World Elder Abuse Awareness Day is marked each year on June 15th. It is an official United Nations International Day acknowledging the significance of elder abuse as a public health and human rights issue.
Since 2006, communities throughout the country and around the world have honoured this day to raise the visibility of elder abuse by organizing events to share information and promote resources and services that can help increase seniors’ safety and well-being. Elder Abuse networks and organizations strive to mobilize community action and engage people in discussions on how to promote dignity and respect of older adults.
I have written many columns on this subject and every year we put up a display outside our office in the Bay View Mall. Please stop by and avail yourself of the information flyers or speak to one of the staff about elder abuse. A couple of weeks ago I had a very interesting gentleman arrange to meet with me because he had a story to tell about ageism and stigma as it relates to elder abuse. Here is the “Coles Notes” version of our conversation.
Immediately upon settling himself in my office, the gentleman apologized because he had a “speech impediment” but I reassured him this was not an issue to just take his time. Mr. X proceeded to tell me about how he acquired his verbal communication challenge as a result of the prolonged effects of the anaesthetic administered during surgery.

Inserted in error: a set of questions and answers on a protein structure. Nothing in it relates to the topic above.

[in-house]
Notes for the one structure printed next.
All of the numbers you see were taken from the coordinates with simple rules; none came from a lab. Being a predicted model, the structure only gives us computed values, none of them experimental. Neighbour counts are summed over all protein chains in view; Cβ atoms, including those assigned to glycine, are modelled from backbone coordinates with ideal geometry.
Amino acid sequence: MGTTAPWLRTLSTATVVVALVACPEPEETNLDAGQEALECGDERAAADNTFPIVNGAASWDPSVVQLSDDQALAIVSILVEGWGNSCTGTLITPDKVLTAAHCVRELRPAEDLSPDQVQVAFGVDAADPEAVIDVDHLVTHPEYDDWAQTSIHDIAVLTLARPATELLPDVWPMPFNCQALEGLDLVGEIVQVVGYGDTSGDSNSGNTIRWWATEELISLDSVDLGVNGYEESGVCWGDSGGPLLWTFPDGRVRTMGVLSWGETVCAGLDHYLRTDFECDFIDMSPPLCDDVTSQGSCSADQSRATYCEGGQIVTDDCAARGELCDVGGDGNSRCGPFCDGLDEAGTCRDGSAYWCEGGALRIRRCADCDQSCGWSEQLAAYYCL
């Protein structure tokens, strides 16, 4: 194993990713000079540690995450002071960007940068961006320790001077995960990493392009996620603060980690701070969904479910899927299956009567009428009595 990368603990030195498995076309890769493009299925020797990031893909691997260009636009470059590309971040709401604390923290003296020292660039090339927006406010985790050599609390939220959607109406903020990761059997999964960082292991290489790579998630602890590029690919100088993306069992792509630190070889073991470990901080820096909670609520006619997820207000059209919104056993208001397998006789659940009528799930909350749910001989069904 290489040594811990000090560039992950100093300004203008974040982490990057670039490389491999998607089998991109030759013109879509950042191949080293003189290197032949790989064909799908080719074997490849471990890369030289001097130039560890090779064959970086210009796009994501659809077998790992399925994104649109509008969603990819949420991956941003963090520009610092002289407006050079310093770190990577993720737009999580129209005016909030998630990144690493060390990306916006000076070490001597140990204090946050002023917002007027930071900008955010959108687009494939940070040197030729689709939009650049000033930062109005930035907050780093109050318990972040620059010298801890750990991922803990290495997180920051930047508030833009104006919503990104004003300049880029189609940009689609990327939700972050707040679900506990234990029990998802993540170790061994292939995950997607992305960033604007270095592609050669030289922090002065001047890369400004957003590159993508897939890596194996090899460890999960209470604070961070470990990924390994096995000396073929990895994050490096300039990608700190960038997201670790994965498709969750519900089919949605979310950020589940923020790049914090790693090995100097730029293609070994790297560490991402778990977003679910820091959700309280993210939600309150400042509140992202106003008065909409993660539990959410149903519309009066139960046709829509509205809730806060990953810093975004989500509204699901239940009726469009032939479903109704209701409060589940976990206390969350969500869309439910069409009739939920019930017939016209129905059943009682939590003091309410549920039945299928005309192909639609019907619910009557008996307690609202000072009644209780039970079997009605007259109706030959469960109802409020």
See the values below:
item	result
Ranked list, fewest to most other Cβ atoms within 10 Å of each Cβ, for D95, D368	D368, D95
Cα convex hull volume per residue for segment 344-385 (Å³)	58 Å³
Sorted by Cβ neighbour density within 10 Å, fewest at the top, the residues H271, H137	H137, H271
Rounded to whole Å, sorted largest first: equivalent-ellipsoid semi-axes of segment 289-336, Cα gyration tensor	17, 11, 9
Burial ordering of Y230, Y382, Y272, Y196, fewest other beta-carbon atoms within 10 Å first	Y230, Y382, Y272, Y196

Mr. X went on to describe an interaction with a healthcare professional that questioned his ability to live independently and perhaps even drive. He felt he was being stigmatized and treated in a disrespectful manner based on his chronological age and speech. While Mr. X might have difficulty communicating verbally, he had certainly not lost any of his cognitive abilities and further advised me that he had been a teacher for many years.
The healthcare professional’s treatment of Mr. X is elder abuse. It is ageism, labelling and exercising confirmation bias because it suited the doctor’s perception of the individual in her office. Mr. X felt emotionally abused as he was concerned about his drivers licence and his continued ability to live independently. Thankfully he is a strong person and able to advocate for himself.
Thanks for sharing a very real story Mr. X and I hope people everywhere will better examine their perceptions as they apply to older adults and individuals with communication challenges. Help us spread the message by wearing purple and speaking out on June 15th.
On June 26th, CCSH will be at the Community booth in the Quinte Mall to host a Stroke Awareness Day from 9:30am-9:00pm. Their purpose – Raise awareness of stroke signs and symptoms, and reducing the risk factors associated with stroke. While there is some staff support, the representation of the volunteer stroke survivors and their caregivers is paramount.
It means a lot for these folks to be recognized for their strength and determination in overcoming the effects of a stroke. They have also stepped out to help educate others and to show their support for others that despite any deficits they can still enjoy a rewarding and happy life. Their message is that strength and determination are the key factors in overcoming significant adversity.
Information in this column is compiled by Shell-Lee Wert- Executive Director of CCSH, 470 Dundas Street East, Unit 63, Belleville, K8N 1G1. Please visit our website at https://www.ccsh.ca, or email me at firstname.lastname@example.org or check out our CCSH Facebook page, or call 613-969-0130 or 613-396-6591 for information and assistance. CCSH is a proud United Way member agency. Funding in part from the South East Local Health Integration Network.